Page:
Sautéed Apples in Ghee
Tuesday, February 26, 2013
One of my favorite quick morning dishes to make throughout the winter is sautéed apples in ghee. Ghee—clarified butter with the milk solids and water removed—is ideal for high heat cooking since it doesn’t burn as easily as regular butter. It still contains all the good qualities of butter, however, such as fat-soluble vitamins, short- and medium-chain fatty acids, and selenium. To get the most nutrition and best flavor, it’s best to purchase good quality ghee from cows that have been pasture-raised, or you can make your own from your favorite high quality butter.
Sautéed Apples in Ghee
Sautéed apples are quick and simple enough to make for breakfast. In the video, I show my favorite way to peel and cut an apple. With a Y-shaped peeler—my favorite—I make a ring around the top and one around the bottom as well. I then peel the sides and quarter the apple. I lay the quarters on their sides, and cut out the core in one easy-angled cut. This is the most efficient way to core an apple, and you don’t need any special equipment. Best of all, it’s safe because, after coring the apple, you then have a flat side that rests firmly on the board. I then slice each quarter into 3 or 4 pieces. The next part is simple: I warm some ghee in a medium skillet over medium heat, add the apples and a dash cinnamon powder, and cover the skillet. I check on the apples after about 2 or 3 minutes, give them a toss, and cook them a couple of minutes more. That’s all there is to it: the tender apples smell and taste heavenly. They make a great topping for oatmeal, pancakes, waffles, or yogurt. They can also serve as a succulent side dish with scrambled eggs or other protein.
Sautéed Apples in Ghee
Very Berry Power Smoothie
Thursday, October 25, 2012
Sometimes an antioxidant, nutrient-dense smoothie makes a quick and powerful meal.
Very Berry Video
The one in this video is rich and filling enough to keep your energy and blood sugar stable for hours. Best of all, it tastes delicious. It’s a combo of mixed frozen berries, yogurt, avocado, raw honey, coconut oil, egg yolks from pastured eggs, and coconut water. I also added a splash of macadamia nut oil because I like the nutty flavor. I made this video for Vital Choice, a company whose products I love. Not only do they have the finest wild Alaskan seafood, but they also have some other choice products such as frozen berries and macadamia nut oil, an oil that has similar nutritional properties to extra virgin olive oil.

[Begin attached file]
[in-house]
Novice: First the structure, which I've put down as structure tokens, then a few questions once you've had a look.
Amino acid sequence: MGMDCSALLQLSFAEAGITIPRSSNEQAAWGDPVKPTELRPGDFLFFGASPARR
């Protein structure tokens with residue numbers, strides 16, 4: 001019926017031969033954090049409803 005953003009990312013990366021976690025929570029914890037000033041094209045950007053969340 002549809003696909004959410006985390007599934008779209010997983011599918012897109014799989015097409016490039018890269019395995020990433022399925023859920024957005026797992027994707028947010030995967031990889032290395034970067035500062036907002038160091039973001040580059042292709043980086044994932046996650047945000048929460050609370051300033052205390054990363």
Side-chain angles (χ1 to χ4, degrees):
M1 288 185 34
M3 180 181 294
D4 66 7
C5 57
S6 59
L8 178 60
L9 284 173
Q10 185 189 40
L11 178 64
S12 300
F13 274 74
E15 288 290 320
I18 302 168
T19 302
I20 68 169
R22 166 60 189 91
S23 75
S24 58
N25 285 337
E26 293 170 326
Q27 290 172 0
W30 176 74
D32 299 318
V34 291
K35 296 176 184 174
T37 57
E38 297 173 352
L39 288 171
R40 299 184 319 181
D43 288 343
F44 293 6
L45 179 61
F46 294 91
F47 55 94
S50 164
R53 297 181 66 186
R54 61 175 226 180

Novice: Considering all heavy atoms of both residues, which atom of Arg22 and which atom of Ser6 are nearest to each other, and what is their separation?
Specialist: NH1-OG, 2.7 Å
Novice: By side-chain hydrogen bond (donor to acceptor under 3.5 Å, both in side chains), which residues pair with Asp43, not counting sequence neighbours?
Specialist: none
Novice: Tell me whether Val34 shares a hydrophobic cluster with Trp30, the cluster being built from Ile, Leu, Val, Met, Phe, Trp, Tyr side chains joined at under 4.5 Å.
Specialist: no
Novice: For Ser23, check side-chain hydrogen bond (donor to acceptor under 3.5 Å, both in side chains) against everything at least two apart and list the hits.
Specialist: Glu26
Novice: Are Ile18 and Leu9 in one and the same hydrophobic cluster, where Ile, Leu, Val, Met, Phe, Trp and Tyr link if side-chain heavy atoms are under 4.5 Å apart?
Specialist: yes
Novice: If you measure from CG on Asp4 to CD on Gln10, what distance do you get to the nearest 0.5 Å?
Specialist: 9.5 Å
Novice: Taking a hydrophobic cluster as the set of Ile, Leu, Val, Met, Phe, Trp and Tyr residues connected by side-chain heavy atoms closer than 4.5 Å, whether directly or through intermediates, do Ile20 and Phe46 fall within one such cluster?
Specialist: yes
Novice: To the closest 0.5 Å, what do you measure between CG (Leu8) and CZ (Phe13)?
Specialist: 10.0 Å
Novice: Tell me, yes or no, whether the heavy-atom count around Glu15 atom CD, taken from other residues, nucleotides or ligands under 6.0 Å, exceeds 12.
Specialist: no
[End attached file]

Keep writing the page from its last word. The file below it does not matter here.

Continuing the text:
They presented the video on their newsletter, and I received the question from a viewer of why I don’t use the egg whites in the smoothie. Here is my answer:
I don’t use the raw egg white because it contains a protein called avidin that interferes with the body’s absorption of biotin (Vitamin B7). It also contains a protein called “conalbumin,” which binds to iron (making it not biologically available to the body.) Also, trypsin inhibitors make digestion of the protein in the raw egg white more difficult. All of these is deactivated when the white is cooked. That being said, I still may use a raw egg white in a classic Caesar salad dressing or–once in a great white, a mousse–but I don’t make a practice of it, especially for something like a breakfast smoothie. The raw yolk, on the other hand, is great to eat raw or barely cooked.
It’s great to have a lot of quick breakfast ideas in your repertoire.
Tuesday, May 8, 2012
Poached eggs not only are suitable for brunch, but with the right accompaniments, make a light and nutritious supper as well. If you keep in mind three basic pointers, poached eggs are not difficult to master. With fresh eggs, the right temperature water, and a little care in adding the eggs, you’ll have beautifully formed creations every time. Watch this demo to see all three key steps.
Use the freshest eggs that you can find to keep the proper shape of the white intact. Very fresh eggs—like that kind that you get from your local farmer—cook up perfectly without anything added to the water. If your eggs are not farm-fresh, add a teaspoon salt and a couple of teaspoons vinegar to your pot of simmering water to help coagulate the egg whites.
Have the water ready at a simmer. You don’t want the eggs to be torn apart by agitation, which is what faster boiling water will do. On the other hand, if the water is not hot enough, the eggs will not cook quickly enough and the whites of the eggs will spread. Gentle bubbles in the water are the cue that the temperature is correct.
Break the eggs one at a time into a dish or small plate. Create a little whirlpool by swirling a spatula or spoon in the water. Then drop the eggs— one at a time— into the whirlpool. (You can also slide the eggs in along the sides of the pot.)
Simmer 3 to 5 minutes, until the whites are coagulated but the yolks are still soft.
Remove the eggs from the pan with a slotted spoon or skimmer. Drain very well and serve. You can trim off any ragged edges if you like.
If you want to make a large number of poached eggs but not serve them right away, immediately plunge the cooked ones into cold water. Reheat briefly in hot water right before serving.
The classic here is eggs benedict, and yes, it is mighty tasty.
Classic Poached Eggs
For a variation, try serving the eggs over a steamed artichoke and smoked salmon in lieu of the English muffin and bacon.
Poached Eggs over Artichokes and Smoked Salmon
One delicious and light way to serve poached eggs is on a bed of wilted spinach and smoked salmon. I make a quick blender sauce of yogurt, avocado, cilantro, a bit of salt and a sprinkle of lime juice and ladle it over the top. It’s delicious and satisfying.
Eating for Radiant Skin: part 3
Wednesday, April 4, 2012